Interpretable Machine Learning for COVID-19: An Empirical Study on Severity Prediction Task

Han Wu, Wenjie Ruan, Jiangtao Wang, Dingchang Zheng, Bei Liu, Yayuan Gen, Xiangfei Chai, Jian Chen, Kunwei Li, Shaolin Li, Sumi Helal

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    Abstract

    The black-box nature of machine learning models hinders the deployment of some high-accuracy models in medical diagnosis. It is risky to put one's life in the hands of models that medical researchers do not fully understand. However, through model interpretation, black-box models can promptly reveal significant biomarkers that medical practitioners may have overlooked due to the surge of infected patients in the COVID-19 pandemic. This research leverages a database of 92 patients with confirmed SARS-CoV-2 laboratory tests between 18th Jan. 2020 and 5th Mar. 2020, in Zhuhai, China, to identify biomarkers indicative of severity prediction. Through the interpretation of four machine learning models, decision tree, random forests, gradient boosted trees, and neural networks using permutation feature importance, Partial Dependence Plot (PDP), Individual Conditional Expectation (ICE), Accumulated Local Effects (ALE), Local Interpretable Model-agnostic Explanations (LIME), and Shapley Additive Explanation (SHAP), we identify an increase in N-Terminal pro-Brain Natriuretic Peptide (NTproBNP), C-Reaction Protein (CRP), and lactic dehydrogenase (LDH), a decrease in lymphocyte (LYM) is associated with severe infection and an increased risk of death, which is consistent with recent medical research on COVID-19 and other research using dedicated models. We further validate our methods on a large open dataset with 5644 confirmed patients from the Hospital Israelita Albert Einstein, at S\~ao Paulo, Brazil from Kaggle, and unveil leukocytes, eosinophils, and platelets as three indicative biomarkers for COVID-19.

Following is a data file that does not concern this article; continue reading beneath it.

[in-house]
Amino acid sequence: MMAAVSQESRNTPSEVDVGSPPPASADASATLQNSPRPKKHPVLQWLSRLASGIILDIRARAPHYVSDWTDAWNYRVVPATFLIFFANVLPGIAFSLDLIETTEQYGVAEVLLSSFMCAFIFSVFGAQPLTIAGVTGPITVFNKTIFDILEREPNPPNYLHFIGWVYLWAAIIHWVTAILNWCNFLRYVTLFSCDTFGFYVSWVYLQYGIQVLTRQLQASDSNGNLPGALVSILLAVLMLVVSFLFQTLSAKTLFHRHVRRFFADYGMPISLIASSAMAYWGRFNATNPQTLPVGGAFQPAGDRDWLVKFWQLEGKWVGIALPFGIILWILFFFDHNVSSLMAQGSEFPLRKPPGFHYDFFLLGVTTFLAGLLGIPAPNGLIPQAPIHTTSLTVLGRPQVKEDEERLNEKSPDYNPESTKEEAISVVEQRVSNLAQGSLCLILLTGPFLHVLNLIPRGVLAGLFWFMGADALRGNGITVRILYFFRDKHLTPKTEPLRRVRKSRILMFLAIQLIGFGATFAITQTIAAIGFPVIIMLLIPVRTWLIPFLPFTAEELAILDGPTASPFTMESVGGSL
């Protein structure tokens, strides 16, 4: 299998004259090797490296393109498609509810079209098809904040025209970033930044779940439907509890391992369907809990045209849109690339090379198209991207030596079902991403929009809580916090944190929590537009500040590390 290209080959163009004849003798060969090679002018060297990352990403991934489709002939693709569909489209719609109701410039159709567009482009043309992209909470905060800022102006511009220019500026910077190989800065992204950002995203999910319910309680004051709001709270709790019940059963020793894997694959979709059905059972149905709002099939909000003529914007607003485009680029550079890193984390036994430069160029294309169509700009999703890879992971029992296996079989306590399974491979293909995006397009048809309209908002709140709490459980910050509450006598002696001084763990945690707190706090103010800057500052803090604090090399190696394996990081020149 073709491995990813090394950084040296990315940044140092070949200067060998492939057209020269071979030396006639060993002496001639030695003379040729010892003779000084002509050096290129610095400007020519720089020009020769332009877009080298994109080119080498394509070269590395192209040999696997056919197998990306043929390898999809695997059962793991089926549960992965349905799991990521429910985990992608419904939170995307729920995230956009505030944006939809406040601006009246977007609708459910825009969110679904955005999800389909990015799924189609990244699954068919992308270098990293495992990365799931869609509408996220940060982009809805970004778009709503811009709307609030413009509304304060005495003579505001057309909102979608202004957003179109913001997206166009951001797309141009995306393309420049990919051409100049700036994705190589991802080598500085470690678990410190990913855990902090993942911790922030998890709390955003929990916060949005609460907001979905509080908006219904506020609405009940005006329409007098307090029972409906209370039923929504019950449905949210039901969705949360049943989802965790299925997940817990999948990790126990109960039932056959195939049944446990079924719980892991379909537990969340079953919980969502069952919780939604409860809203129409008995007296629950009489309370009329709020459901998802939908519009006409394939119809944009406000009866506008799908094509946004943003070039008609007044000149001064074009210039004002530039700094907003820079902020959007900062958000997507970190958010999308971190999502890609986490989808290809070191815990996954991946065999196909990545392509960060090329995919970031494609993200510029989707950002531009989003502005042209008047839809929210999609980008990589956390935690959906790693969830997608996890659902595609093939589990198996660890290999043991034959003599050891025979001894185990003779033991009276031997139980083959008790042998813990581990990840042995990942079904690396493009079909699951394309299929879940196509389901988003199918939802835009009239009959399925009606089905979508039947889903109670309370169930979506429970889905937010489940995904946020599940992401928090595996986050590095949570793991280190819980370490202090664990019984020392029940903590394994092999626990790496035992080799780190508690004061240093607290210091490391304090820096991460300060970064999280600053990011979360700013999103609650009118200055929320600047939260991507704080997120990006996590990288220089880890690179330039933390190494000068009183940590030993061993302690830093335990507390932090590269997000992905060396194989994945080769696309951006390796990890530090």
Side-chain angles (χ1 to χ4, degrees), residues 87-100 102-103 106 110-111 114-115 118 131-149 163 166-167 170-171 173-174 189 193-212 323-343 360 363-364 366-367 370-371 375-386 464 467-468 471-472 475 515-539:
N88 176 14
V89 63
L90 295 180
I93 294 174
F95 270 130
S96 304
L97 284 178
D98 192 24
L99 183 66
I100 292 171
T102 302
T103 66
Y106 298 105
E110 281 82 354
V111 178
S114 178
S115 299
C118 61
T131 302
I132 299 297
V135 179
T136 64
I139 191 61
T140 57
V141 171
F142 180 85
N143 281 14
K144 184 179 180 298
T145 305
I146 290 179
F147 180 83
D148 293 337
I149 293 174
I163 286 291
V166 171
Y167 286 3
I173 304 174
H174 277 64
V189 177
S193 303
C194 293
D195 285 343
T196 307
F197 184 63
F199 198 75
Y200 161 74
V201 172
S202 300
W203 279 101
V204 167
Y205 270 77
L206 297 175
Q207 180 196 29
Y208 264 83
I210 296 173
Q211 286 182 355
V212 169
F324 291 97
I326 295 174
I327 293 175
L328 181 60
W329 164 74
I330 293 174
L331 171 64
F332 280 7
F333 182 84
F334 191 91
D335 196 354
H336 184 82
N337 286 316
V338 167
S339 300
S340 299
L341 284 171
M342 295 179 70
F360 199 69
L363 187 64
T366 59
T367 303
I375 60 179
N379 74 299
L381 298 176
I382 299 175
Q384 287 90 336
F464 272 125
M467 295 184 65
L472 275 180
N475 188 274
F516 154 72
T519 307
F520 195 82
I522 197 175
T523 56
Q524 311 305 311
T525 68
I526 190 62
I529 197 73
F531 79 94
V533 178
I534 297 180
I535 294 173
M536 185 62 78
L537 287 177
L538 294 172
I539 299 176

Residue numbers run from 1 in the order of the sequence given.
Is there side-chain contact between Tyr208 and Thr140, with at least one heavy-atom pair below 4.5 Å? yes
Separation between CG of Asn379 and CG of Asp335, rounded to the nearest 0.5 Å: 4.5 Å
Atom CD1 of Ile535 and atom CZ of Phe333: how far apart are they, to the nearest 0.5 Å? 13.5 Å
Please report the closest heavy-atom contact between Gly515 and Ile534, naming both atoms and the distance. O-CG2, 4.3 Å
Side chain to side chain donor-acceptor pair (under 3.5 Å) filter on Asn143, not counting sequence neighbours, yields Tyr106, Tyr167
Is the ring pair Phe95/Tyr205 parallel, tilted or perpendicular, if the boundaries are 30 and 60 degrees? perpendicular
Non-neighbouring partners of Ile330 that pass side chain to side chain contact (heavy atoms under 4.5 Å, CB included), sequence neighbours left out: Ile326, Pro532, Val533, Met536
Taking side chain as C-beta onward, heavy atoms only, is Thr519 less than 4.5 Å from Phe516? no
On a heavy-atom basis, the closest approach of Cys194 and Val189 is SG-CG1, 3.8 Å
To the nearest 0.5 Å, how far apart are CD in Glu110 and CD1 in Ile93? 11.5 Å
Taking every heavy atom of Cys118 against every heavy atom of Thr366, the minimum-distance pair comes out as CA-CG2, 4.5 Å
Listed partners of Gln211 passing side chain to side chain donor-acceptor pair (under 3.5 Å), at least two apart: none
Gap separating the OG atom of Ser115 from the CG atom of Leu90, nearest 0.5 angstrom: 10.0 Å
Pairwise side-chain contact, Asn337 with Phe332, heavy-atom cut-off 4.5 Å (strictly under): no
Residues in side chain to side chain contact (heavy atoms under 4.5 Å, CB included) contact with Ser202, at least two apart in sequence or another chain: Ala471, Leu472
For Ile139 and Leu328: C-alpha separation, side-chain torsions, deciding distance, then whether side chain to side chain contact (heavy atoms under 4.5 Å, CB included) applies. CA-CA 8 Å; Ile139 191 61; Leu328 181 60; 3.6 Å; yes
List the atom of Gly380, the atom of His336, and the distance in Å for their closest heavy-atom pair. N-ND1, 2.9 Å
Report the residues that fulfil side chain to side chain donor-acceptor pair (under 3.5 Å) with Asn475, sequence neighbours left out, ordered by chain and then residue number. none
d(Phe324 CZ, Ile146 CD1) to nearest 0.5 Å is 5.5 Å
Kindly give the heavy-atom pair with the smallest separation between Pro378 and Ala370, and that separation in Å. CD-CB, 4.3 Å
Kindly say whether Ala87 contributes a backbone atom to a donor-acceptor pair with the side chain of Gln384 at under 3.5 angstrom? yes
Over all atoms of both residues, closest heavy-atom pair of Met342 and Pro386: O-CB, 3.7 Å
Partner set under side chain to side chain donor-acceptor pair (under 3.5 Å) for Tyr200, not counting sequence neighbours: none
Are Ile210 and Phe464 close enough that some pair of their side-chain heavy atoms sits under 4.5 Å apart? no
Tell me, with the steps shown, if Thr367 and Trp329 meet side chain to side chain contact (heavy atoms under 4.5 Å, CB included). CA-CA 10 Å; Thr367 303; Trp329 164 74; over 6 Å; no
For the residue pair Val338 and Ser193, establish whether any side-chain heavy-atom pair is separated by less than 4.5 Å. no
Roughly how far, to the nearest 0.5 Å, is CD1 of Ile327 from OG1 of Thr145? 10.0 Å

Original languageEnglish
    Pages (from-to)(In-Press)
    Number of pages14
    JournalIEEE Transactions on Artificial Intelligence
    Volume(In-Press)
    DOIs
    Publication statusPublished - 25 Jun 2021

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    Keywords

    • Predictive models
    • Biological system modeling
    • COVID-19
    • Medical diagnostic imaging
    • Machine learning
    • Medical services
    • Pandemics

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